Sorry Mario, your profits are in another castle

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Game Over: Nintendo, EA and Old School Video Gamers Stumble

September marked the 10th consecutive month that retail sales of video games and related video game hardware has declined. This time around it was a wrenching 24% decline in video game sales to just $848 million from over $1.1 billion a year earlier.

What’s more, past reports show video game sales down from $1.2 billion in 2010…  which was a drop from 2009.

In short, Mario keeps busting those bricks but no coins are popping out.

Video game stocks have taken a beating as a result. Year-to-date Electronics Arts (NASDAQ:ERTS), the company behind the blockbuster Madden football games, is down over 36%. And icon Nintendo (PINK:NTDOY) is down 3% despite the launch of its first new video game console in almost six years.

Why the drop off? Well, for the same reason there’s trouble for many media stocks, from the New York Times Co. (NYSE:NYT) to Barnes & Noble (NYSE:BKS) to Yahoo! (NASDAQ:YHOO).

In a word, “mobile.”

Video games have moved away from televisions and computers too as consumers do more with their smartphones and tablets. This is not just disrupting the landscape of the gaming business, but also the profitability since big-ticket hardware like controllers and console boxes aren’t necessary anymore.

The result seems to be a secular decline in profits for the entire video game industry despite strong interest generally in the product, and a struggle to meet the changing landscape of mobile gaming.

It’s a brave new world, where anyone who can create a game that works on the Apple (NASDAQ:AAPL) iPhone or Amazon (NASDAQ:AMZN) Kindle Fire could potentially tap into a best-seller. That’s good for those who know how to write code … but bad for the big guys.

Consider that a tiny company called OMGPOP was able to generate a staggering 20 million downloads in just five weeks for its Draw Something game earlier this year — and that Zynga (NASDAQ:ZNGA) quickly dished out some $200 million for the upstart soon after. Or consider that Rovio, the maker of cult sensation Angry Birds, rejected a plush $2.25 billion offer from Zynga a few months earlier because it thought it was doing just fine on its own.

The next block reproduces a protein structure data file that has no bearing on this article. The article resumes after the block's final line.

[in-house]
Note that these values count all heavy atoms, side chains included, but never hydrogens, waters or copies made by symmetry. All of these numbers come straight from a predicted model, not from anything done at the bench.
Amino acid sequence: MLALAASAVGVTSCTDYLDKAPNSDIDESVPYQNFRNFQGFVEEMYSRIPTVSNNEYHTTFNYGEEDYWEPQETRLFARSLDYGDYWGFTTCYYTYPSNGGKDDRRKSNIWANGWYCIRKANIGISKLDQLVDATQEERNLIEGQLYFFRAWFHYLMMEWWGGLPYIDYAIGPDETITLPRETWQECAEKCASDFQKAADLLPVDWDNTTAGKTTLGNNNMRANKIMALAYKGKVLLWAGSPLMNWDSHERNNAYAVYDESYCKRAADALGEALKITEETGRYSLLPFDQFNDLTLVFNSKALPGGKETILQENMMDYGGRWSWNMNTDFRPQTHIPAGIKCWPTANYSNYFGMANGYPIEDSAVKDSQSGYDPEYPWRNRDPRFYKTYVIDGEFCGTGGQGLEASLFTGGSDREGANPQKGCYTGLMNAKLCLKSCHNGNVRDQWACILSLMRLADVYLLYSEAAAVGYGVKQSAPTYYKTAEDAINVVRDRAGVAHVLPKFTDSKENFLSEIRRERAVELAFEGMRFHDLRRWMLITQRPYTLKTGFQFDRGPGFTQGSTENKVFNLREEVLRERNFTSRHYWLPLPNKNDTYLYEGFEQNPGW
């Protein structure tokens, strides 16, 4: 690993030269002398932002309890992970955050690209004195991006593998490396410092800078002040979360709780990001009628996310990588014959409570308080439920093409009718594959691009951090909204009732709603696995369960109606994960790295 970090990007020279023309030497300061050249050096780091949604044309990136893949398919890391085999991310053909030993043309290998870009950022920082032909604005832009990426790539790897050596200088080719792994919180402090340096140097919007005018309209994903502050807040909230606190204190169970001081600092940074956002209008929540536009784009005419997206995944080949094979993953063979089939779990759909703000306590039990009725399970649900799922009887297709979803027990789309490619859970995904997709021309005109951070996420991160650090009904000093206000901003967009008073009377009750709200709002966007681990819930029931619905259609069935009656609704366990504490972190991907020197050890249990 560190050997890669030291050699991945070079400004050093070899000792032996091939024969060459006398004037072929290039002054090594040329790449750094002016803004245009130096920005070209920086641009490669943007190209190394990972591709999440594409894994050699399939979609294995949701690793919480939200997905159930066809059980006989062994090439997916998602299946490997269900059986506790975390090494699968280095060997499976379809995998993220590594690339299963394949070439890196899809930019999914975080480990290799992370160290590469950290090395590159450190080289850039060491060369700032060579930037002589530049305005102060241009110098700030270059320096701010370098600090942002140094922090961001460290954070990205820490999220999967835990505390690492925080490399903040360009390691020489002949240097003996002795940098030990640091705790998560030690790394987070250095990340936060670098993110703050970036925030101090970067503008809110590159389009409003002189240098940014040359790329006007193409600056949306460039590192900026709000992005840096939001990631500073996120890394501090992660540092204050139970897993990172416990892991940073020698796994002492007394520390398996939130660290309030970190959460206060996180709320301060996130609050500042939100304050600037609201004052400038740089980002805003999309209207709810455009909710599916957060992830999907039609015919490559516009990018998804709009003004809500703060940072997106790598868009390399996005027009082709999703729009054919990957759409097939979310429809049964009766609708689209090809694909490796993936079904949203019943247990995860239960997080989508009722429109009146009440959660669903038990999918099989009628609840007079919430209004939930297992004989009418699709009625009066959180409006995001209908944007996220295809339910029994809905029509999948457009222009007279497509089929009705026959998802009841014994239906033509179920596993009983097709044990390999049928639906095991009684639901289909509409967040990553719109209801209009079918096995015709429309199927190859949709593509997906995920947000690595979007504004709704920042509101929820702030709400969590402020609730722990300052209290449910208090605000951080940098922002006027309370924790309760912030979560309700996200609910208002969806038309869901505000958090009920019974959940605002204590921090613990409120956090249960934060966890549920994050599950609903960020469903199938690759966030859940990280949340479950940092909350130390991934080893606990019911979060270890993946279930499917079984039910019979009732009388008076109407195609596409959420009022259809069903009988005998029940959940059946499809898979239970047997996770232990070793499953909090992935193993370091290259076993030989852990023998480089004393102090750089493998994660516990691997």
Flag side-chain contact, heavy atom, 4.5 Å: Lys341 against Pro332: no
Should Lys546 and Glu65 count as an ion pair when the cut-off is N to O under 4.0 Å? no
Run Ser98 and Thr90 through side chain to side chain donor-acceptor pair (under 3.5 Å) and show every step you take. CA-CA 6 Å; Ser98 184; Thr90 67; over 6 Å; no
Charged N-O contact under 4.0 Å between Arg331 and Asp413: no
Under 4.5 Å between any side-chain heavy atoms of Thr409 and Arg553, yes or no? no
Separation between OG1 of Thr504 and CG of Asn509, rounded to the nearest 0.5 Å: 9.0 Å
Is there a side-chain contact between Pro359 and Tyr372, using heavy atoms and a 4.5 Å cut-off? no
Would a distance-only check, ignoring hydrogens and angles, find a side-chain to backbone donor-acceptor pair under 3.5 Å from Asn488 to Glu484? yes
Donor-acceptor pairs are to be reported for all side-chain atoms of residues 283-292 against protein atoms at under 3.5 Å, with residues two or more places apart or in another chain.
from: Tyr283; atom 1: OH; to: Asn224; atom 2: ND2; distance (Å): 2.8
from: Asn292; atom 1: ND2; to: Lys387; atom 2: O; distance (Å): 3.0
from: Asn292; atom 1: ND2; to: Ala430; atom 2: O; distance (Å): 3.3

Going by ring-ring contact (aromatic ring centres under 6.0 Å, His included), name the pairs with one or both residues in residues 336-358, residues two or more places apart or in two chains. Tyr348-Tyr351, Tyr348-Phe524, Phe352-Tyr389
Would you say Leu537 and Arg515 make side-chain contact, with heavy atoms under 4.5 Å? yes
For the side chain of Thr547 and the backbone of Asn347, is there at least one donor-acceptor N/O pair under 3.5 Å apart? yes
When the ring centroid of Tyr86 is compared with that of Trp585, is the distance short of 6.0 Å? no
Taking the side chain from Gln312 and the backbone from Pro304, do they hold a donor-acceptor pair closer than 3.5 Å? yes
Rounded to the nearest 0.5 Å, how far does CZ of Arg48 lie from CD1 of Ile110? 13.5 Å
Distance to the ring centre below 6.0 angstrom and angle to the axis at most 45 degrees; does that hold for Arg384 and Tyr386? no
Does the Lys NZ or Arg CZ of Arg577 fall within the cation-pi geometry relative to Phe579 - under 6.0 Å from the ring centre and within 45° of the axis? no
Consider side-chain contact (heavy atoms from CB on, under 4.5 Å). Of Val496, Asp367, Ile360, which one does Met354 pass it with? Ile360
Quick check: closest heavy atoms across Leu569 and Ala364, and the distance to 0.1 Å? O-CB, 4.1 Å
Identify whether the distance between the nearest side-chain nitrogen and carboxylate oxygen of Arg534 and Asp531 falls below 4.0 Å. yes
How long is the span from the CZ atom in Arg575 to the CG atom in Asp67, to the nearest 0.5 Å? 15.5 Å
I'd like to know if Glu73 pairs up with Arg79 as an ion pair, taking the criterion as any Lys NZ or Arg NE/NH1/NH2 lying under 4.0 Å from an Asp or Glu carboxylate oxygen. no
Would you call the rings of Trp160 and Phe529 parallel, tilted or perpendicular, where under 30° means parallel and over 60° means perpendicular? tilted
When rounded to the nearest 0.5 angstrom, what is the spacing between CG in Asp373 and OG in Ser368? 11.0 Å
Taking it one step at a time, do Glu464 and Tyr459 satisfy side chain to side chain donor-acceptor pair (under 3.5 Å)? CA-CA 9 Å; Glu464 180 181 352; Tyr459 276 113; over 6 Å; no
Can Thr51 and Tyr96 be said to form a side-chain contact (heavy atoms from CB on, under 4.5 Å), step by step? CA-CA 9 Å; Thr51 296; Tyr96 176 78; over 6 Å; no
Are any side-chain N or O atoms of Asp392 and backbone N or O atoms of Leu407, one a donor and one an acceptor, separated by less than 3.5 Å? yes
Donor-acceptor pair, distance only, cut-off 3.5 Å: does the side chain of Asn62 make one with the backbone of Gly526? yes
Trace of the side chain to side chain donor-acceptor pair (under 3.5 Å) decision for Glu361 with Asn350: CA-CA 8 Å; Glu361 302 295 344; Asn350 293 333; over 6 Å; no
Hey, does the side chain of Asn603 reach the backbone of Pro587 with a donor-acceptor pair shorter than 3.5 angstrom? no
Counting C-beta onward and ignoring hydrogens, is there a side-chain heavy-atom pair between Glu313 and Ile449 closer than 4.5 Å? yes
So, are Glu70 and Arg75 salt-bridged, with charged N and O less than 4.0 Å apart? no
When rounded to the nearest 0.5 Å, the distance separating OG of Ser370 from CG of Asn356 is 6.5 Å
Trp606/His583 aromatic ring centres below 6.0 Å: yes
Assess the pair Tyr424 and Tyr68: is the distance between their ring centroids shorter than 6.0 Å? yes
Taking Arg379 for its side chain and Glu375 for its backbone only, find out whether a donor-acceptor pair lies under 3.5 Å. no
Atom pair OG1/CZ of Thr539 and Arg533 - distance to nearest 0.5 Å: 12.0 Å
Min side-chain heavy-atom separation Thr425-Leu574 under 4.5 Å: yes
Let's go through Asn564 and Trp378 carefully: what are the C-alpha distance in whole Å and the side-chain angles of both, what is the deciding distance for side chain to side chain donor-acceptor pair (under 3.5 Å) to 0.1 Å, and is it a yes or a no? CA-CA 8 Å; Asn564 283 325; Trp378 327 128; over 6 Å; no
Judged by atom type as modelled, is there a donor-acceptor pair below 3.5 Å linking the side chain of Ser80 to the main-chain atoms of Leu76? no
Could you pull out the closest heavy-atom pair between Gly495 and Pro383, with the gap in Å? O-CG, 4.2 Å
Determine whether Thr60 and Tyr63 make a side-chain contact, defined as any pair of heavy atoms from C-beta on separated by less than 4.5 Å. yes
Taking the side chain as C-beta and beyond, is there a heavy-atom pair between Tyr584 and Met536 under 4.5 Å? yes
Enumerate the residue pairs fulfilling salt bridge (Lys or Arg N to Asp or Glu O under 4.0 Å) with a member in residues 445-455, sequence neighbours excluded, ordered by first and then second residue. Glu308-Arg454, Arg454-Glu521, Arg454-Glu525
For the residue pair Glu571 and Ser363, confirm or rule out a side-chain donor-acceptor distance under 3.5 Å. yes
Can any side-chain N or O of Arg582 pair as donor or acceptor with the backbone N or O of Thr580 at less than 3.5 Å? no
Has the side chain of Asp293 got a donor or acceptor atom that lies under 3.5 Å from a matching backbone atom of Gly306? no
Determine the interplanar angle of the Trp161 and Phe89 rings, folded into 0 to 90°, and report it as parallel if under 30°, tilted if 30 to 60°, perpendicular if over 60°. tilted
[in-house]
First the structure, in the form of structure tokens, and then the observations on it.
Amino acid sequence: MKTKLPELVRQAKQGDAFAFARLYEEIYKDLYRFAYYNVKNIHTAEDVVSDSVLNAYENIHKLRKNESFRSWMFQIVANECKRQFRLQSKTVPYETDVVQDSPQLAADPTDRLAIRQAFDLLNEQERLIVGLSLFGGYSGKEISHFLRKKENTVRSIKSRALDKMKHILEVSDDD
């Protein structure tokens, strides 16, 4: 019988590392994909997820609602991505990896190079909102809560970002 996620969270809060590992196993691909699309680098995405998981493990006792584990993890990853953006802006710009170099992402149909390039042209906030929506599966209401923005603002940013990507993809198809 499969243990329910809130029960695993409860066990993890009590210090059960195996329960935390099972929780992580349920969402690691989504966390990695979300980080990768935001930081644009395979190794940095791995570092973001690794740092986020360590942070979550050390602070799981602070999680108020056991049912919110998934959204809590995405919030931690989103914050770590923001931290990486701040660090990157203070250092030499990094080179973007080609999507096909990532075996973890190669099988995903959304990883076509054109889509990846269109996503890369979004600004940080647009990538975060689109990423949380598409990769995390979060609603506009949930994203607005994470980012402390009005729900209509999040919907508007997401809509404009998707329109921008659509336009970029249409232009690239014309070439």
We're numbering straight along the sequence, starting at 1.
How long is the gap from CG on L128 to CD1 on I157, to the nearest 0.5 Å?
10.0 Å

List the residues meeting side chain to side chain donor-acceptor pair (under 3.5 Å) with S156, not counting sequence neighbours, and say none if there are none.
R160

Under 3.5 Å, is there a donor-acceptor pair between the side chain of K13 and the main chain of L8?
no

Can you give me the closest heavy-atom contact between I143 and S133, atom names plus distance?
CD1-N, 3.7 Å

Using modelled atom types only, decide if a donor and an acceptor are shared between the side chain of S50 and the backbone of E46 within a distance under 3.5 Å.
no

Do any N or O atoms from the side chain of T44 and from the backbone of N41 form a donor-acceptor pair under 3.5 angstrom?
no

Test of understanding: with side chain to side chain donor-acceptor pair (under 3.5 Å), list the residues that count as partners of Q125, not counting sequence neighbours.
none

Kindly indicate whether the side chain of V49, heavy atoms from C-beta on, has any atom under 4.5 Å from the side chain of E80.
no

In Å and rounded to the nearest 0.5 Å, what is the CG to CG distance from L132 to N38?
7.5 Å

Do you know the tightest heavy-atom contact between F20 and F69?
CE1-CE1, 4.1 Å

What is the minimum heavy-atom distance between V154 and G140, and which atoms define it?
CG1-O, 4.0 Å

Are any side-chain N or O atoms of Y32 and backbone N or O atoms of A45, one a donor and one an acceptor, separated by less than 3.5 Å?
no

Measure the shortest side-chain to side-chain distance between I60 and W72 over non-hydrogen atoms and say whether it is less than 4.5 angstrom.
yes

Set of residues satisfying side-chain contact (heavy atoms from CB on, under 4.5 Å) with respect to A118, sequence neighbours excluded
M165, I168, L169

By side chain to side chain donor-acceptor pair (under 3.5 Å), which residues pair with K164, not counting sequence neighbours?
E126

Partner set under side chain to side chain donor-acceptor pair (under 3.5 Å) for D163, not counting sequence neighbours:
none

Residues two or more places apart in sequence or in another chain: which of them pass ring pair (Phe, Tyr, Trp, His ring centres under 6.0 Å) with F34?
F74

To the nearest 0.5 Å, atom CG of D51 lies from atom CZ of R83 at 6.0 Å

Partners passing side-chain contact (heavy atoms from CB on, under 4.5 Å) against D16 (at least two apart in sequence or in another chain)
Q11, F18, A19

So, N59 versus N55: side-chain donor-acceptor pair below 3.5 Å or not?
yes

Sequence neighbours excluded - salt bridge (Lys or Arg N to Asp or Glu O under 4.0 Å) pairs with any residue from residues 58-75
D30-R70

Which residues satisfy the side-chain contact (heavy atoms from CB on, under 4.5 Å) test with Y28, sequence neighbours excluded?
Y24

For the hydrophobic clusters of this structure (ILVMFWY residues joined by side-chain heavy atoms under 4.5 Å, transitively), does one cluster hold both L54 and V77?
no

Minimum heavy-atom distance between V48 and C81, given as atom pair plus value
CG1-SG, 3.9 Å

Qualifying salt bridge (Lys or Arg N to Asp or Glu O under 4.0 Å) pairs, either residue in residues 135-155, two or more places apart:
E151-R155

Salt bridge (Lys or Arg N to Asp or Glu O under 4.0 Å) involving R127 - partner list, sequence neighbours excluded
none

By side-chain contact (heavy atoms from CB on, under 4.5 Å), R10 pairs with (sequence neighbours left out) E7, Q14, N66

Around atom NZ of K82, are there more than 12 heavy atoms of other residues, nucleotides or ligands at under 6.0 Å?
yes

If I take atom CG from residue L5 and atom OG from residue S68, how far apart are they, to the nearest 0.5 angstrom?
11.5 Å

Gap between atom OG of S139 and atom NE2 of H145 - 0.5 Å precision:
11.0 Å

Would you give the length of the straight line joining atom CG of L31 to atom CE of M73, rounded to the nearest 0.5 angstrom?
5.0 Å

The irony, of course, is that video game sales are far from dead. Interest is huge not just from the typical youth segment but also from the generation that grew up with Atari, Coleco and Commodore 64 gaming systems 40-some years ago. Demographic research shows that in the U.S., 65% of folks play video games in some form and that the average gamer is 35 years old.

That’s to say nothing of the booming international market for video game sales, particularly in China.

And it’s worth noting that traditional video game makers have big brands and have certainly managed to create new hits in the last few years. About five years ago, Activision Blizzard (NASDAQ:ATVI) tripled from its 2006 lows to its 2008 highs thanks to its Guitar Hero games becoming a pop culture sensation. And Take-Two Interactive (NASDAQ:TTWO), the brains behind ultraviolent smash hit Grand Theft Auto, soared from a low of around $10 a share in 2006 to over $27 by mid-2008.

But media companies across the board, from television to books to music to video games, are learning that it doesn’t take much to knock the old leaders from their perch and replace them with hungry upstarts who have the next big thing.

Investors need to remember this. Because while video gaming is alive and well in 2012, the biggest names next year may be companies you’ve never even heard of today.